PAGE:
Tokyo war shrine priest to quit for crit­i­ciz­ing em­peror

Global Times US Edition - - WORLD -

The chief priest at Ja­pan’s con­tro­ver­sial Ya­sukuni Shrine in Tokyo will quit af­ter “highly in­ap­pro­pri­ate lan­guage” crit­i­ciz­ing the em­peror was leaked to a magazine, the shrine said Thurs­day.

The shrine, which hon­ors 2.5 mil­lion war dead but also en­shrines top World War II crim­i­nals, has fre­quently been at the cen­ter of rows with Asian neigh­bors that suf­fered from Ja­pan’s war­time atroc­i­ties.

Se­nior Ja­panese politi­cians in­clud­ing Prime Min­is­ter Shinzo Abe have made ap­pear­ances at the shrine but Em­peror Ak­i­hito has never vis­ited since his coro­na­tion in 1989, while his father Hiro­hito did not re­turn to Ya­sukuni af­ter war crim­i­nals were en­shrined there in the mid-1970s.

In its lat­est is­sue, the Shukan Post weekly magazine quoted chief priest Ku­nio Ko­hori, 68, as say­ing at a closed­door meeting in June that “the em­peror is try­ing to de­stroy Ya­sukuni Shrine.”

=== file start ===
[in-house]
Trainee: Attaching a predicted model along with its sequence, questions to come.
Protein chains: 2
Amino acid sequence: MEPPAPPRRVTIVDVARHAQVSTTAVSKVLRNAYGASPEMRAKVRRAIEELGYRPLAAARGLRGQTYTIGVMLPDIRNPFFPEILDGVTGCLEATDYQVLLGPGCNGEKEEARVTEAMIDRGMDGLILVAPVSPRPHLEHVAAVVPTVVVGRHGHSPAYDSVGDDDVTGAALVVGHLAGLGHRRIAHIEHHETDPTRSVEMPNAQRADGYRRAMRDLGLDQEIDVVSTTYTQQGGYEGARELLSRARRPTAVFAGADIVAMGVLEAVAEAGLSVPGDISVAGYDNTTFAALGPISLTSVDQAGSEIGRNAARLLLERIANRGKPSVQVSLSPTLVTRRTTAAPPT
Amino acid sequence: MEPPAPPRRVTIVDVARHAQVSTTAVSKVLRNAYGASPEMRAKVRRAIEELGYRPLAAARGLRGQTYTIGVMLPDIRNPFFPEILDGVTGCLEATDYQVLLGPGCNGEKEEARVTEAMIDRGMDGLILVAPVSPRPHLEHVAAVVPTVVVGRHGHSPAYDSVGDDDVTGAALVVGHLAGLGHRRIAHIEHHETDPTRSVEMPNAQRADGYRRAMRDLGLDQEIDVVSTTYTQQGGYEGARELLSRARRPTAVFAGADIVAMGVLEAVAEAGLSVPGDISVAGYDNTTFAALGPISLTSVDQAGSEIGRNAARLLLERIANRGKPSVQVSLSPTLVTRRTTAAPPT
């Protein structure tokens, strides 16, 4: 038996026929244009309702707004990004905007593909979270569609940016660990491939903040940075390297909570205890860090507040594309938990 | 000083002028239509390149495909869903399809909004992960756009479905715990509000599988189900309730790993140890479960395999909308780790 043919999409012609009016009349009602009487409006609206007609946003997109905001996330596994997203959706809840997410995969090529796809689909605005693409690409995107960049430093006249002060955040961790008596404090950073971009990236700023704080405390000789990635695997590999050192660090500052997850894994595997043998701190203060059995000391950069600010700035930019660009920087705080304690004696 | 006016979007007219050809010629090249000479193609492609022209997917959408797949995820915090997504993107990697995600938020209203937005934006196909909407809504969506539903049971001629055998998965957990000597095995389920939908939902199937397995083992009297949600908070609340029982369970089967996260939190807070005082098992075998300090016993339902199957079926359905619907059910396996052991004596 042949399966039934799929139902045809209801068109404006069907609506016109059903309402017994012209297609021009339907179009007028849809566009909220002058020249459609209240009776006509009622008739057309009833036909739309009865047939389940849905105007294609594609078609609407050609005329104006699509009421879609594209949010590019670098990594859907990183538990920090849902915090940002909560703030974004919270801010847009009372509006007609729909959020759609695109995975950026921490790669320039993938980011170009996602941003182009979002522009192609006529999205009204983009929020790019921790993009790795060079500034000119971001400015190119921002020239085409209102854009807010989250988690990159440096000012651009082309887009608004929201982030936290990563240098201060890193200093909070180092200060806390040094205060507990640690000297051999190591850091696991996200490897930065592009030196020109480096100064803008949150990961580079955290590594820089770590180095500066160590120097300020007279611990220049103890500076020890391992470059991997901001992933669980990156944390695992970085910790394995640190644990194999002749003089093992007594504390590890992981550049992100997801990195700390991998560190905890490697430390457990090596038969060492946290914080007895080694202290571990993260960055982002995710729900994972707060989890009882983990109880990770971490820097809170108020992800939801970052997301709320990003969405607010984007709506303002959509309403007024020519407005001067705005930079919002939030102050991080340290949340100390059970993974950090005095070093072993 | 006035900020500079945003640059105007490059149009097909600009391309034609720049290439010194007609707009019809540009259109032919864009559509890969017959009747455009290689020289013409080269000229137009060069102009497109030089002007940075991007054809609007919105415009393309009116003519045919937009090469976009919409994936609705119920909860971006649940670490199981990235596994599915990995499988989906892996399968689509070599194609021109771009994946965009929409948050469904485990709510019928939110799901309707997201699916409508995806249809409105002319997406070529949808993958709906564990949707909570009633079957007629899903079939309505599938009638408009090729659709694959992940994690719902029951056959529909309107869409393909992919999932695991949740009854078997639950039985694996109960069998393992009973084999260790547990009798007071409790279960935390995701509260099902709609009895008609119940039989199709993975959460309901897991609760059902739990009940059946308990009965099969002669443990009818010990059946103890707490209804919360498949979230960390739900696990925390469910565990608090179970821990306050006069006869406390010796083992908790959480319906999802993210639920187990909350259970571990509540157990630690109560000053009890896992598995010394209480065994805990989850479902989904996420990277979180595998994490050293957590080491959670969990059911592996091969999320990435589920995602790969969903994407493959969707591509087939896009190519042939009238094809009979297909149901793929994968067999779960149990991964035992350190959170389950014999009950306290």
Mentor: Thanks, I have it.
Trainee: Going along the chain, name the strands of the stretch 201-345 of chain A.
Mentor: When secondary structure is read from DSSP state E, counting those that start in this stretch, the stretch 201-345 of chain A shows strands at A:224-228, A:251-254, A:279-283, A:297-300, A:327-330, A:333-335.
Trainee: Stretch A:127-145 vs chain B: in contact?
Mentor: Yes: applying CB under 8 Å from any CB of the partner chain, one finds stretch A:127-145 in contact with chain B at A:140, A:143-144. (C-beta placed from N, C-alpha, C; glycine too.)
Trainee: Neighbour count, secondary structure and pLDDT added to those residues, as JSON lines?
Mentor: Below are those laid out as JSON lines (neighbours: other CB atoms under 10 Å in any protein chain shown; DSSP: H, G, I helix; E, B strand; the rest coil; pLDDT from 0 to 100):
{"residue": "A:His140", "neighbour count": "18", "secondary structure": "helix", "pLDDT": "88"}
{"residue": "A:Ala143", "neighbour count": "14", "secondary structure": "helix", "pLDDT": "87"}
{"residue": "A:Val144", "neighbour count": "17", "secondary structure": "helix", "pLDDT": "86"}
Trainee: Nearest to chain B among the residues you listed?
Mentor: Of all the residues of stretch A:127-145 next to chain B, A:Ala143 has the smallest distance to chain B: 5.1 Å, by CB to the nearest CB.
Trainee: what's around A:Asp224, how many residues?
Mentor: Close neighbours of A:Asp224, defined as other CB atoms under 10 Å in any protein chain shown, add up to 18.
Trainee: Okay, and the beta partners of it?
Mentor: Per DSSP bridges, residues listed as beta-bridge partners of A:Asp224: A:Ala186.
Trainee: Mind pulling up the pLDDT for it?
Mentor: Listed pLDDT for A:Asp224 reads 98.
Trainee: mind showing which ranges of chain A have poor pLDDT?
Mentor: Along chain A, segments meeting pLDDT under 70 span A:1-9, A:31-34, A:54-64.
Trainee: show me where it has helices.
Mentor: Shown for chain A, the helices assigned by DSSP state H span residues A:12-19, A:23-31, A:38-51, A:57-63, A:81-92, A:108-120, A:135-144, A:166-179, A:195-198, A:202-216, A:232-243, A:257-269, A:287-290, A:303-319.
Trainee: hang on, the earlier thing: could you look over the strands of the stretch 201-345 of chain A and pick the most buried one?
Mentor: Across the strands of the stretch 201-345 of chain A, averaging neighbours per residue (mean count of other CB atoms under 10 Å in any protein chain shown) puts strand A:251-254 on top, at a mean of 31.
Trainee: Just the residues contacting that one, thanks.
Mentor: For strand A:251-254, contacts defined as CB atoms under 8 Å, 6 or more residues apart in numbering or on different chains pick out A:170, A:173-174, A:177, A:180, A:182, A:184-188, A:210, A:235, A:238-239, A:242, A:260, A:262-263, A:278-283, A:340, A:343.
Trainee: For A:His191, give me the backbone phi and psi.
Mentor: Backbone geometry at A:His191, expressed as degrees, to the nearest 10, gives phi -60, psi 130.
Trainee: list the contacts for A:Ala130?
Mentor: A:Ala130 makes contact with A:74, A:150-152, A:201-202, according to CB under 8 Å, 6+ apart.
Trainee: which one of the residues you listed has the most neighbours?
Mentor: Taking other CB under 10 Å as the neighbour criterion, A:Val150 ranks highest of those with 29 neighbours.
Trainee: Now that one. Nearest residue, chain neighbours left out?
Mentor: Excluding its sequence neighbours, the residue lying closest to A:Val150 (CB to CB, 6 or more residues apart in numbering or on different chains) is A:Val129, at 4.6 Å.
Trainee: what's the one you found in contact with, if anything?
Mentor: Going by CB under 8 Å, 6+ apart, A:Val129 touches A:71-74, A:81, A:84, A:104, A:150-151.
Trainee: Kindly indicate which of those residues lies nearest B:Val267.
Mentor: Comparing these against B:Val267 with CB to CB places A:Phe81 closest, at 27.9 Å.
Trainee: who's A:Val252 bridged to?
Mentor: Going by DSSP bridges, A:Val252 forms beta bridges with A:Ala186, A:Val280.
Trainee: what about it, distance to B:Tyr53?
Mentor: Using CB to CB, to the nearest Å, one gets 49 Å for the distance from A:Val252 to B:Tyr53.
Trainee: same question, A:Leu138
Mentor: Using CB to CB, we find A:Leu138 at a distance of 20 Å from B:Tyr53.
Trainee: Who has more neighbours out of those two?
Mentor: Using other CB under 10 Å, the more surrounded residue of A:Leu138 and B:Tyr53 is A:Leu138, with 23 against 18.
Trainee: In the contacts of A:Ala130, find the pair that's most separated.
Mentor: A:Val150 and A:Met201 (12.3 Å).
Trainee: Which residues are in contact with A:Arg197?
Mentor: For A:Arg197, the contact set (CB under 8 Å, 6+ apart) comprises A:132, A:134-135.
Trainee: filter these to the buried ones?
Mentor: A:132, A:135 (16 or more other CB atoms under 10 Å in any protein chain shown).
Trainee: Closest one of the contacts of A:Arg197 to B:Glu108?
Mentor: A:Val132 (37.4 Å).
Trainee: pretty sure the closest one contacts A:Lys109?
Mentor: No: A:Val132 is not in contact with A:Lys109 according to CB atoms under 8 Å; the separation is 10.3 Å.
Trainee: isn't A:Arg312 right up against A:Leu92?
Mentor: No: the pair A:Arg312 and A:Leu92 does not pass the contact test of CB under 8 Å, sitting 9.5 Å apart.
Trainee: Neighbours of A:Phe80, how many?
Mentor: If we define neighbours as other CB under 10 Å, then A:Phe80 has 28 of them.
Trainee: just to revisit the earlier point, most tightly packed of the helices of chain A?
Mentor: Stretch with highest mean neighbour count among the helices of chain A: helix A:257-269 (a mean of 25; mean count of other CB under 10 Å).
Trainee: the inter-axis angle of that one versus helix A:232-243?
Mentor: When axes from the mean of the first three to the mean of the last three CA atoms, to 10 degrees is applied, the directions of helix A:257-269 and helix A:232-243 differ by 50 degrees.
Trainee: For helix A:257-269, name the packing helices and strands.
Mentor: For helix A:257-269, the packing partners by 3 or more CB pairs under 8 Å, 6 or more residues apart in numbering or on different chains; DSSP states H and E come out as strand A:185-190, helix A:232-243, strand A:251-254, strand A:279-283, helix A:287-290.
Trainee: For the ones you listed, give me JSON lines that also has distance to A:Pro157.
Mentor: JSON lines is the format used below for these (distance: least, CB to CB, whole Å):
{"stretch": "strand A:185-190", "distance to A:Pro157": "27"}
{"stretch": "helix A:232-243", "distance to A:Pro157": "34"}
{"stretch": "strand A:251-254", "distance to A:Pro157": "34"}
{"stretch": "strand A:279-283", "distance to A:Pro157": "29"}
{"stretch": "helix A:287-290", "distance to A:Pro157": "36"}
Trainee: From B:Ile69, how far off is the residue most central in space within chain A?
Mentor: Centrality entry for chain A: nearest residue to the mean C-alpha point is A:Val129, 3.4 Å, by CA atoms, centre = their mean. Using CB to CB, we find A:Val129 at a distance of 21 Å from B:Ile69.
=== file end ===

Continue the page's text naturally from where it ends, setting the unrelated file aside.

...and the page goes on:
The more the em­peror goes on memo­rial trips for the war dead, the more the Ya­sukuni Shrine’s po­si­tion de­clines, he re­port­edly added.

Ak­i­hito, who will ab­di­cate next year, has through­out his reign hinted at paci­fist views, which are sharply at odds with the ag­gres­sive ex­pan­sion­ism Ja­pan pur­sued un­der his father’s rule.

He has vis­ited for­mer bat­tle­fields in the Pa­cific is­lands to pray for sol­diers and civil­ians who per­ished there.

Though he has no po­lit­i­cal power, the em­peror has an­noyed Ja­panese rightwinge­rs by ac­knowl­edg­ing that his coun­try in­flicted “great suf­fer­ing” in China, and ex­press­ing re­gret over Ja­pan’s bru­tal rule of the Korean Penin­sula.

The priest also re­port­edly said Crown Prince Naruhito and his wife Masako would prob­a­bly not visit the shrine as the new em­peror and em­press.

The fu­ture em­press “hates” Ja­pan’s na­tive Shinto re­li­gion, the priest claimed.

In a state­ment ob­tained by AFP Thurs­day, the shrine said Ko­hori will re­sign from the post of chief priest, af­ter “highly in­ap­pro­pri­ate lan­guage made in a meeting... was leaked.”

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